This rock contains a beautiful assemblage of rare fluorescent minerals from the remote Dara-i-Pioz massif in Tajikistan. Only reactive under short wave UV (254 nm), this rock contains bright blue-white fluorescent zektzerite and red fluorescent microcline feldspar. There is also an unknown green fluorescent mineral present that is likely uranyl-activated. The marble-like matrix is also dimly fluorescent, and provides a contrasting, neutral-colored background to the more brightly fluorescent minerals. There are also embedded crystals of black, non-fluorescent neptunite present. The size of this specimen is 57 x 32 x 23 mm, and it weighs 42 grams.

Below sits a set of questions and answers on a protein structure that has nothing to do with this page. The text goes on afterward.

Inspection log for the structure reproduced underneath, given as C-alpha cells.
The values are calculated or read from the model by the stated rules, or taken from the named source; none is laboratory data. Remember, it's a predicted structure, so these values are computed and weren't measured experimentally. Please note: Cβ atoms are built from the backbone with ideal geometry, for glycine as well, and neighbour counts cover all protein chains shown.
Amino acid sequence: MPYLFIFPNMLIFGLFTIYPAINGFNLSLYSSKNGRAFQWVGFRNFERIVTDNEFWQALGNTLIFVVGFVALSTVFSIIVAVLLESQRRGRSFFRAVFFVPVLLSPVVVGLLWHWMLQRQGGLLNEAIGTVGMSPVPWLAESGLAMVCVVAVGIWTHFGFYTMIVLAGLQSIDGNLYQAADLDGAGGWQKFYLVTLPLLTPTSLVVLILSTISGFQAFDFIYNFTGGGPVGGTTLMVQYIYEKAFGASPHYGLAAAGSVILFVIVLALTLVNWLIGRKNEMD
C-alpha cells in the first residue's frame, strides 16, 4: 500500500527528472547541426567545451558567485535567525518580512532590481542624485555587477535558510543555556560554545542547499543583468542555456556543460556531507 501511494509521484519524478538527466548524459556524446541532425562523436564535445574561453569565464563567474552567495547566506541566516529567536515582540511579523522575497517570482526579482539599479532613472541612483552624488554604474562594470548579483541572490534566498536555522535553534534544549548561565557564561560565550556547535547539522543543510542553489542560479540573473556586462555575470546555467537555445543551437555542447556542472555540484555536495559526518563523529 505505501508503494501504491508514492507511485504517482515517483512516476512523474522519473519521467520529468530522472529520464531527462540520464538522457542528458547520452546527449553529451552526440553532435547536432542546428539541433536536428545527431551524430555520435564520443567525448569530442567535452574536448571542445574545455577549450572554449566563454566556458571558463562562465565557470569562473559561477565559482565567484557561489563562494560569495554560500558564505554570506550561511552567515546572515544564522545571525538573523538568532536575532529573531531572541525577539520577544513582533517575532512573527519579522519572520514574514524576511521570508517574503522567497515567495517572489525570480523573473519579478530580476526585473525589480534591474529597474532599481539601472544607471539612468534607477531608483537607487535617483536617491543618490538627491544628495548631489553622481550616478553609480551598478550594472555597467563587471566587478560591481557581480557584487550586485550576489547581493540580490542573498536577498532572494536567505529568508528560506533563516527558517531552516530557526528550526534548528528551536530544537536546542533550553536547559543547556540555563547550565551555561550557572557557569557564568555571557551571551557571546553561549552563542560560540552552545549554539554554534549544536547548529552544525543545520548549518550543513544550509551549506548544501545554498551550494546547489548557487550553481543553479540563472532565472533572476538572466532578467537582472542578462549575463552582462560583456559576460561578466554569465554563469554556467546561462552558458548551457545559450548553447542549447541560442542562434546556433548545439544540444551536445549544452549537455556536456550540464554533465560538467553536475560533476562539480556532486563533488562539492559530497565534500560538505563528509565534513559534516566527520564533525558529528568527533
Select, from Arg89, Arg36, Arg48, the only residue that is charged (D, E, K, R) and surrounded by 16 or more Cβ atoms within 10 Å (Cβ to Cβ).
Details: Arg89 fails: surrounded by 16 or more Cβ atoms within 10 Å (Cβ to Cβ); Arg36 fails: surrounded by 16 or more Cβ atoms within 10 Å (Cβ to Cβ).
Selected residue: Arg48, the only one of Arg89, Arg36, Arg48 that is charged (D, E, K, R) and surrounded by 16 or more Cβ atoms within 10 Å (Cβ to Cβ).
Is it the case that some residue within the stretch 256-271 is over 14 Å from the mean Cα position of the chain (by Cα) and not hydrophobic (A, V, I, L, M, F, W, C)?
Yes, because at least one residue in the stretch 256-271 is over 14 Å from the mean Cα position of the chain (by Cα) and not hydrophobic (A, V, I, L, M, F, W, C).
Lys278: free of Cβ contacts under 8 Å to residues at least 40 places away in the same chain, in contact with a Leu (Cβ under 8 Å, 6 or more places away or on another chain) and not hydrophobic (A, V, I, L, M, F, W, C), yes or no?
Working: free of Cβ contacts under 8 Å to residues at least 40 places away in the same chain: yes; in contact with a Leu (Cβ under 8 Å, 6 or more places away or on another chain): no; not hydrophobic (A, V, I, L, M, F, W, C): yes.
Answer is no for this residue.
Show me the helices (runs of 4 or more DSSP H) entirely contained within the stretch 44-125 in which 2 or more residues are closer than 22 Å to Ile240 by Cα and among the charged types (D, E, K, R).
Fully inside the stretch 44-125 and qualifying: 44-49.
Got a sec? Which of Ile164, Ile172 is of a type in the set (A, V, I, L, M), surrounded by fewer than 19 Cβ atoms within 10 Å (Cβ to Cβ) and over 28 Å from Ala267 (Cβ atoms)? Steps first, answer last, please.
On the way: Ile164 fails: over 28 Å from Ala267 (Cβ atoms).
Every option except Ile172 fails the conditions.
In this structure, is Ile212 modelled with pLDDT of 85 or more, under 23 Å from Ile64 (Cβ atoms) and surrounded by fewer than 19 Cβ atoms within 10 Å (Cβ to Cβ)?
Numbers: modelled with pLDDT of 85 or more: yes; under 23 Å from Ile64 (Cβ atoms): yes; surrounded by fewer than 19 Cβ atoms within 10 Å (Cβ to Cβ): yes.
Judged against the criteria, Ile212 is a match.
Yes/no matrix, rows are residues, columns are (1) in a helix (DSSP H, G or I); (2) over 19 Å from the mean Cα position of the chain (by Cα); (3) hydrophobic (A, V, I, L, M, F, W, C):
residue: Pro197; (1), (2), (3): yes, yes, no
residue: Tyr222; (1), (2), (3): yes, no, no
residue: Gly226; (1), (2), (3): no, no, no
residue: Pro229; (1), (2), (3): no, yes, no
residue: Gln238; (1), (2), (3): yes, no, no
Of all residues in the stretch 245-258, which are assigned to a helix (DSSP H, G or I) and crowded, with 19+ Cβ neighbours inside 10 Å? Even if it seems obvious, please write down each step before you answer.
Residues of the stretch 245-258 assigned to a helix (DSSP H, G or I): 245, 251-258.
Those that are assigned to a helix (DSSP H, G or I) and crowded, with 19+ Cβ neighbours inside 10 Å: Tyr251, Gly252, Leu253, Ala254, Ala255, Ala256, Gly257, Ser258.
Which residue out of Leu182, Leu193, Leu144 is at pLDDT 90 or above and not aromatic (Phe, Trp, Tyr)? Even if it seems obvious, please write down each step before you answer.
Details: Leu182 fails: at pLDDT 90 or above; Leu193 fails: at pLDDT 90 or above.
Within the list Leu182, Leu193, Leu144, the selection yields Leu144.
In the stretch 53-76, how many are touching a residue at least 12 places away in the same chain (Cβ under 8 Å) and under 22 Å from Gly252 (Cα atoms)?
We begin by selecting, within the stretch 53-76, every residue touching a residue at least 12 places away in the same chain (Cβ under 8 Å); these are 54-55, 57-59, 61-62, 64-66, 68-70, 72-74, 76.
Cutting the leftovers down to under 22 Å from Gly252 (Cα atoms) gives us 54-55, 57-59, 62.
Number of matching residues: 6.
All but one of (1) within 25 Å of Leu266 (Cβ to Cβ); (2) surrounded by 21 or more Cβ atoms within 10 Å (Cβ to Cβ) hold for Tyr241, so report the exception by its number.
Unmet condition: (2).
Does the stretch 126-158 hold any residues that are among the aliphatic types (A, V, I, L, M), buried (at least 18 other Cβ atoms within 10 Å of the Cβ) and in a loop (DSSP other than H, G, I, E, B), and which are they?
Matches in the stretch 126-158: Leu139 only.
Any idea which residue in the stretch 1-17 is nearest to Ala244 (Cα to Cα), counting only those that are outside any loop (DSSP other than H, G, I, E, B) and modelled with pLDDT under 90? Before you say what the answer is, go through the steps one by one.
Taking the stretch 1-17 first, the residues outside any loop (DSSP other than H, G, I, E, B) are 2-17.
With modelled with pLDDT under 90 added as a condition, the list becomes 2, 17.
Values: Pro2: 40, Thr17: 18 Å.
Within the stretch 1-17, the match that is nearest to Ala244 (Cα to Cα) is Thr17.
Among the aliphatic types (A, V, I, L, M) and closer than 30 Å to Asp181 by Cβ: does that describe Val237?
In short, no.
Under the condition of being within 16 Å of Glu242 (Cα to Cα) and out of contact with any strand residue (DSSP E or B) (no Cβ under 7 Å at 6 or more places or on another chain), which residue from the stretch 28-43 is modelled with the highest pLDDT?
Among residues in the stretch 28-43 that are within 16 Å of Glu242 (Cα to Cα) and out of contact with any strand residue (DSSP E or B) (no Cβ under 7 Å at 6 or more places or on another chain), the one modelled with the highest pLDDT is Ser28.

Although specimen collecting is relatively easy in the alkaline rocks of the Dara-i-Pioz massif, it is located in a very remote area of northern Tajikistan that is best accessed by helicopter.
The above two images show the a and b sides of the specimen under short wave UV. Zektzerite shows a bright blue-white response and microcline fluoresces red. The green fluorescent mineral has not been identified. Note that the matrix also shows dim to moderate fluorescence.
Visible light photograph of same side as shown in the upper short wave UV image above. The dark crystals are non-fluorescent neptunite.
Visible light photograph of same side as shown in the lower short wave UV image above.